Walks across the decks of retired Chinese destroyers and past the rusting parts of jets, anti-aircraft guns, missiles, and mines at the naval museum. All of the exhibits on China’s naval development were in Chinese. A shame. I’d have loved to learn the “facts”.

Walks through lines of old brewing equipment explaining the history of Qingdao’s most famous export, and past the endless kegs of that export. The original 1903 buildings are still standing and house a museum of the brewery’s fascinating history. Outside is Qingdao’s “Beer Street”, a collection of all-the-same seafood restaurants offering the standard fare plus on tap the unfiltered and stout versions of Tsingdao beer, which are difficult to find anywhere else in the world

Walks under the late-night blaze of neon lights in the back alleys of Qingdao’s food street where those so inclined can buy fried crabs on a stick; ice cream crepe; scorpions; shrimp dumplings; all variety of fish, clams, and prawns; fire-seared squid; and of course, beer bags with a straw.

Beer bags are a good way to reduce your inhibitions for practicing your Chinese. They are also a good way to reduce your inhibitions for prodding live scorpions with your pointer finger.

Walks over boulder-strewn slopes of Laoshan Mountain, on the south side of Qingdao. It took a sickening cab drive to get there, but the mountain park is a sprawling and enchanting collection of naked stone, seaward views, and millennia-old Taoist temples. China’s first Emperor, Qin Shihuang, even ascended the slopes seeking immortality and in the fifth century, the pilgrim Faxian landed on its shores in a return from India bearing the first Buddhist scriptures to enter China. All along the routes winding through the rocks are teahouses and snack shops where you can stop and take in the slopes and the sea over a cup of green tea. Chinese ingenuity shows up here, too, as the shopkeepers have all diverted the river with little plastic pipes and created mini waterfalls cascading gently downward from one bowl of fruits or drinks to the next keeping everything cold by letting gravity do the lifting.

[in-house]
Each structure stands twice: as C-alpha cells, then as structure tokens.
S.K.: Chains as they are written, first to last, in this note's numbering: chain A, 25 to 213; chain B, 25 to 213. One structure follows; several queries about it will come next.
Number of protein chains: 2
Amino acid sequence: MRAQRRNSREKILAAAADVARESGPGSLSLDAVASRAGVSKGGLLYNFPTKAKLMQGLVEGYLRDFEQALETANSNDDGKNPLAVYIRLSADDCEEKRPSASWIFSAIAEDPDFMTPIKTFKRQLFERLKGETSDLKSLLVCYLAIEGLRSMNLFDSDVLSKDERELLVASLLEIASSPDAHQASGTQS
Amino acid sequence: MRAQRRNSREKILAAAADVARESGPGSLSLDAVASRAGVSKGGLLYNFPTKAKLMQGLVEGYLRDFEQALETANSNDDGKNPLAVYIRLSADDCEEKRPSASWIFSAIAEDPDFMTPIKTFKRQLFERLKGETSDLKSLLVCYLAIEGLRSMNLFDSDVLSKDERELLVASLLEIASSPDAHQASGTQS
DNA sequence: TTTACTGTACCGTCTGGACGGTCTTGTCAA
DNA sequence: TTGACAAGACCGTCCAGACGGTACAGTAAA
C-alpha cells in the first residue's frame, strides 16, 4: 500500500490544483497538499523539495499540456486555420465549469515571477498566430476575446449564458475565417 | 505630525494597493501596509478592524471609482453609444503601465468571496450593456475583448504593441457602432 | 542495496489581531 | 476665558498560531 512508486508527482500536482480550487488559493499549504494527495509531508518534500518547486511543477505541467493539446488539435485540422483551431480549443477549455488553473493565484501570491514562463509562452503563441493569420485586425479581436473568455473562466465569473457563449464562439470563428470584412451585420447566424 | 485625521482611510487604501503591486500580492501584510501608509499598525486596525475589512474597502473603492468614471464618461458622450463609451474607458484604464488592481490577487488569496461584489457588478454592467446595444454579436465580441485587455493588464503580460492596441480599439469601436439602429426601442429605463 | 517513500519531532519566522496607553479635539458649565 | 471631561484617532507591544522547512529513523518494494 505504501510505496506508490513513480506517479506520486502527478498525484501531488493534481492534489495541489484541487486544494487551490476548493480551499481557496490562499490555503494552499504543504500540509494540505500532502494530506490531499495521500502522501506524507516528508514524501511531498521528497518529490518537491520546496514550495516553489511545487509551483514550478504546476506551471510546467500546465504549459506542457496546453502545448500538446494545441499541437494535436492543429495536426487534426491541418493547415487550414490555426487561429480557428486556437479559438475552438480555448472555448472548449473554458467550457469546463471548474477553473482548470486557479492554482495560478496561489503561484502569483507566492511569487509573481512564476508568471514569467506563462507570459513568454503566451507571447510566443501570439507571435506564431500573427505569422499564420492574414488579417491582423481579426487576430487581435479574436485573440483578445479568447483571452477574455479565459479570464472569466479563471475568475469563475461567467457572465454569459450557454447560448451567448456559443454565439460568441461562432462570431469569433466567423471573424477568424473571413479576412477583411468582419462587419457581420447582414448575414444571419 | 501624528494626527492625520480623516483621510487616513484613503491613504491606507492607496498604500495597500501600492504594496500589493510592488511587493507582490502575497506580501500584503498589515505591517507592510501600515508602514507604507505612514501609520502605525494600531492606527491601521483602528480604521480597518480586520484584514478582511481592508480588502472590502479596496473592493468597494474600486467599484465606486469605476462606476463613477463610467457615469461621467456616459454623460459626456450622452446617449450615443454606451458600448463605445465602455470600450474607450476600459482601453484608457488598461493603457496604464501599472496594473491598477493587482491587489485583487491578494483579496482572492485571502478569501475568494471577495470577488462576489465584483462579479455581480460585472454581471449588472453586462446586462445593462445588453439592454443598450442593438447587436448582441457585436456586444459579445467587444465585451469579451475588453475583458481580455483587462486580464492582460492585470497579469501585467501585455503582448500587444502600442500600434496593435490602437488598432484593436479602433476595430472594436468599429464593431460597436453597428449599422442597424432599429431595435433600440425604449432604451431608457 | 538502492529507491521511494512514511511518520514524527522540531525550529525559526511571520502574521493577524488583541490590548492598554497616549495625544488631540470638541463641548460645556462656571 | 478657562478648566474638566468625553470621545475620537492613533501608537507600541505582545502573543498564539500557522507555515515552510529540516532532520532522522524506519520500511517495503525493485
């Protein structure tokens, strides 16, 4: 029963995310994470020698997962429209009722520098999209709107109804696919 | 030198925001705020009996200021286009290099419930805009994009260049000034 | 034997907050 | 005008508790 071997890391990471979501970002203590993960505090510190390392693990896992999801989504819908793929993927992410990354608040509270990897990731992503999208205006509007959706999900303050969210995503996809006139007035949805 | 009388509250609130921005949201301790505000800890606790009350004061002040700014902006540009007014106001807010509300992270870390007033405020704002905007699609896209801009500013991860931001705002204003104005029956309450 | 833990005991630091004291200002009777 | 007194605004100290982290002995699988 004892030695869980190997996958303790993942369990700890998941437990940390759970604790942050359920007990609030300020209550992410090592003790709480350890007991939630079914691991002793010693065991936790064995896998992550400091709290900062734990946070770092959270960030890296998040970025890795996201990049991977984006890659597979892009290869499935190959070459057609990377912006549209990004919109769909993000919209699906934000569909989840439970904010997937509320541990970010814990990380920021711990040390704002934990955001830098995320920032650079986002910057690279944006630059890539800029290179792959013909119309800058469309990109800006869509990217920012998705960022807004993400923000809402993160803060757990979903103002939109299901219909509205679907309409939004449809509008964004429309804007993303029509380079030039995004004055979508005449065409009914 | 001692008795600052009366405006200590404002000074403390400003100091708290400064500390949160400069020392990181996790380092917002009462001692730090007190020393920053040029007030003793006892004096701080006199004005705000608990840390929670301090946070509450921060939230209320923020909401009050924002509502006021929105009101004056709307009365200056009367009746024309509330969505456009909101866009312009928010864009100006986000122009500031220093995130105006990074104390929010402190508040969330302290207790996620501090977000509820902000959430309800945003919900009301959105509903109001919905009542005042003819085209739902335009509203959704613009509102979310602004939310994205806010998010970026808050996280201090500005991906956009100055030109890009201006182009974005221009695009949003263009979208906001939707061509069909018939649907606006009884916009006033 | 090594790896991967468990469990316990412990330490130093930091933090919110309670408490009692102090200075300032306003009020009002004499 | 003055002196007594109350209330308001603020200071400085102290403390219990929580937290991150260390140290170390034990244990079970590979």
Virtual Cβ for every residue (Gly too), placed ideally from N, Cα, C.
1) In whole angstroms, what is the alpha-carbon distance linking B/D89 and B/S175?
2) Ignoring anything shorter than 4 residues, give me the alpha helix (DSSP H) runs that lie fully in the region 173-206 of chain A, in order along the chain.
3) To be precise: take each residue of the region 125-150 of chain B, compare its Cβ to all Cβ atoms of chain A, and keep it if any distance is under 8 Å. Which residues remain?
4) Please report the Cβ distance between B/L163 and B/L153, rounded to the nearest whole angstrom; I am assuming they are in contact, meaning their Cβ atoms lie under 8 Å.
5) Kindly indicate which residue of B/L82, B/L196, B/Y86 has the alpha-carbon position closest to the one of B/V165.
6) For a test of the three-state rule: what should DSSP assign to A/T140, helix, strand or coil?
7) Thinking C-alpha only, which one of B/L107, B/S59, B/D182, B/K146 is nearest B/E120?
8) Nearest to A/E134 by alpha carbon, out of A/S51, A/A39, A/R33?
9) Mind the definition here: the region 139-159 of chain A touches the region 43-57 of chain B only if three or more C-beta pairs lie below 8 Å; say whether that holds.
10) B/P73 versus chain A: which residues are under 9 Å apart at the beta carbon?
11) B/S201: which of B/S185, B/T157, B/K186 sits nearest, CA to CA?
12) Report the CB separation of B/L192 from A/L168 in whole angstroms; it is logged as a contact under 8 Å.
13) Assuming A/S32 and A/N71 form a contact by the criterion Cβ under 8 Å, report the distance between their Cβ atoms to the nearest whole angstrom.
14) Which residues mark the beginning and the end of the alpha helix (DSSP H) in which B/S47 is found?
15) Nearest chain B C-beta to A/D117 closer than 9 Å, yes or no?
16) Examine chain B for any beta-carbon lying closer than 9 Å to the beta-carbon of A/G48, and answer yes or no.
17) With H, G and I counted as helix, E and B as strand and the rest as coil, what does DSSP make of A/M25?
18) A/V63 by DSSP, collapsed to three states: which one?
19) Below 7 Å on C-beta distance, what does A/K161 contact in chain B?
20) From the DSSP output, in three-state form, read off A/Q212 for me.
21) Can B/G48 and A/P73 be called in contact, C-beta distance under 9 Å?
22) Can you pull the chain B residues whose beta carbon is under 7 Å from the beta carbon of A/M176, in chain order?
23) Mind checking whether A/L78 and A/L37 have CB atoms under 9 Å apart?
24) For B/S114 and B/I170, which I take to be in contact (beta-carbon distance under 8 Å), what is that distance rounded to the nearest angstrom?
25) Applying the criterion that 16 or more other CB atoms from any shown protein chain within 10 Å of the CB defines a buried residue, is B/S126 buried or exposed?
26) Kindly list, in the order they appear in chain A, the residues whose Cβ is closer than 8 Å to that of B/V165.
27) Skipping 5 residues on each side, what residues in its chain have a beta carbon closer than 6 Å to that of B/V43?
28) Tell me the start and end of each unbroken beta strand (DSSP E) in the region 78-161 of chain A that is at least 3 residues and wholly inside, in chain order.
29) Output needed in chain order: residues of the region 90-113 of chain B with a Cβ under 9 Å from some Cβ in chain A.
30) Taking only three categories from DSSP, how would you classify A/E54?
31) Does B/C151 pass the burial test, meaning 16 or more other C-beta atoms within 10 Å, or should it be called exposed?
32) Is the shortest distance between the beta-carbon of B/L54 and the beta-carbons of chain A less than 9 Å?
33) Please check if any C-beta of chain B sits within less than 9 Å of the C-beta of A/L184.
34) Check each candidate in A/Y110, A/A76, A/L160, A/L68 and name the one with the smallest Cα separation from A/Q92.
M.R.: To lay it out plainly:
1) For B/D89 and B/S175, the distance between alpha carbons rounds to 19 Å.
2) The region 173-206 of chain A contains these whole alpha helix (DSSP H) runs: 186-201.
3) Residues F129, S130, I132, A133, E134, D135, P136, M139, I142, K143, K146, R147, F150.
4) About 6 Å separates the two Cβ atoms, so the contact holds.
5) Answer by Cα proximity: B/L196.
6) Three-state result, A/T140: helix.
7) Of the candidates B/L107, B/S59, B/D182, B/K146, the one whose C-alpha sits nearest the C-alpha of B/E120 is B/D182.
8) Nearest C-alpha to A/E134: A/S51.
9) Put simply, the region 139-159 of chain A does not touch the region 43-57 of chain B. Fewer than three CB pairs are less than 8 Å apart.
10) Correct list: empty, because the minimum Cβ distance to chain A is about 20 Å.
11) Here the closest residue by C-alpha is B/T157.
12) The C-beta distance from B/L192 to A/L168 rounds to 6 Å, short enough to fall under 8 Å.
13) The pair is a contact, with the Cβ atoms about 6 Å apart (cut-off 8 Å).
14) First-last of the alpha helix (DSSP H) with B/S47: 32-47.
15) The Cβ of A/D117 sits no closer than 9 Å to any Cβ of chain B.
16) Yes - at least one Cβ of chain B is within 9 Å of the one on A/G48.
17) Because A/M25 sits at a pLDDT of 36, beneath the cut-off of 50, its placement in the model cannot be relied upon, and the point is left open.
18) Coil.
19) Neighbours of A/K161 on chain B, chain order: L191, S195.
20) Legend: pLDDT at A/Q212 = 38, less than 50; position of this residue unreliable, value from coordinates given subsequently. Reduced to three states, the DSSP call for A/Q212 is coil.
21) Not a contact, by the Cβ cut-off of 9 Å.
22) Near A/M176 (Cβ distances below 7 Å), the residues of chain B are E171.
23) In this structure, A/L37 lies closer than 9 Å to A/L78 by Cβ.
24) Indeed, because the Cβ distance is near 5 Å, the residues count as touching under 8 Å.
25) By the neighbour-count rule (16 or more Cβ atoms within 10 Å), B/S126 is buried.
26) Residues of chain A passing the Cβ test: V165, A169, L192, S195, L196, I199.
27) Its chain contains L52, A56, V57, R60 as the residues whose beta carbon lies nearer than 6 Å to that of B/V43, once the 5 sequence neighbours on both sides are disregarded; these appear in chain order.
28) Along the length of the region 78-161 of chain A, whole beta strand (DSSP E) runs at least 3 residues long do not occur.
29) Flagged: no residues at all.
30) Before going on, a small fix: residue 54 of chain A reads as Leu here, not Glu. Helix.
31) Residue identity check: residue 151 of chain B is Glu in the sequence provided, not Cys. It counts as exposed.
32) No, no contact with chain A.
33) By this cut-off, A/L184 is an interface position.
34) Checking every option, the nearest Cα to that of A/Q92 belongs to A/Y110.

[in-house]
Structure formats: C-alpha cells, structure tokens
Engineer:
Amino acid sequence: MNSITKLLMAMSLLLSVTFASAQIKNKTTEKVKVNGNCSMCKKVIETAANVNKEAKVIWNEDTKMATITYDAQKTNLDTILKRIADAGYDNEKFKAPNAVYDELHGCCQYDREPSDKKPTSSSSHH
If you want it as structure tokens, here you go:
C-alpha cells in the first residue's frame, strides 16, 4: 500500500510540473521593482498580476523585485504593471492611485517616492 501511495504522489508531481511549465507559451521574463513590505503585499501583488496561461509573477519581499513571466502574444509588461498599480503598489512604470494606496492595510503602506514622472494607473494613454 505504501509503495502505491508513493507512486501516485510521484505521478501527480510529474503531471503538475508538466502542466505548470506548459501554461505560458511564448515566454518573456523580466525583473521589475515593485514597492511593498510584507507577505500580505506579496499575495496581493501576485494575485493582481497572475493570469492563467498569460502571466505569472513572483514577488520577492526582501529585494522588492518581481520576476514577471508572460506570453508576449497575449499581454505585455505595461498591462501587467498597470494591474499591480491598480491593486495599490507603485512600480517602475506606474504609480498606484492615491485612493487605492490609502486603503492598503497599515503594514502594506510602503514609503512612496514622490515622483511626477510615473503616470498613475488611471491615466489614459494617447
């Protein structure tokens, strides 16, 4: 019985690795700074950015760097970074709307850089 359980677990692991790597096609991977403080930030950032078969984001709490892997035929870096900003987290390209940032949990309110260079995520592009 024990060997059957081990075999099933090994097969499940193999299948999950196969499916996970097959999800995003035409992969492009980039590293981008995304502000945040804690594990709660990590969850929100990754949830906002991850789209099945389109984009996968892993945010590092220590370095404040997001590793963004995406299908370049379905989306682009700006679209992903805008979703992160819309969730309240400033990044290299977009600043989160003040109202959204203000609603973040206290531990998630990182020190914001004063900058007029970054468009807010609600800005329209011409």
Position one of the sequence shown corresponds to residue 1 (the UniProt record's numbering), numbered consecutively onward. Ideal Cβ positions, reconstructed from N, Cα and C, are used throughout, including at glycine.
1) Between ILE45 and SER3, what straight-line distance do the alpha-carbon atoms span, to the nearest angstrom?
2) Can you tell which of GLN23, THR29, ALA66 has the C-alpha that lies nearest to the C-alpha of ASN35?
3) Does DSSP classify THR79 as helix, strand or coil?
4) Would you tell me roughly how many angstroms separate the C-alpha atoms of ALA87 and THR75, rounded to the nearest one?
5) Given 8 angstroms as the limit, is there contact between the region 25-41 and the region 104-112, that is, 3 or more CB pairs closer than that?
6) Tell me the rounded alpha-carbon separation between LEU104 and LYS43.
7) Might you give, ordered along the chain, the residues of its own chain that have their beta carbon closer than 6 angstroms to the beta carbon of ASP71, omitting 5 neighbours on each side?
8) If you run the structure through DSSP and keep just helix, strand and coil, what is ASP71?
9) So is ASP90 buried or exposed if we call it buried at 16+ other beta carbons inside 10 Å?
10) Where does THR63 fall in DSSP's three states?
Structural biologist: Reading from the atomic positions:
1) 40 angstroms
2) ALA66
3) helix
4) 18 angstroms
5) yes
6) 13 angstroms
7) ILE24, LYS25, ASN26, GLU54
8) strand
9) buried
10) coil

Walks through the bright blue-tiled gate to one of China’s first Taoist temples, Taisqing Palace, sheltered hulking, leafy Ginko trees and by the rocky slopes of the rolling mountains above. For atmosphere, as well as beauty, this temple ranked among my favorite. It seems the temple is also in the process of constructing and monumentally sized monument – Lao Tze himself – to glower out at the crusty, wooden fishing boats bobbing in the sea, circling their nets around the catch under the afternoon sun.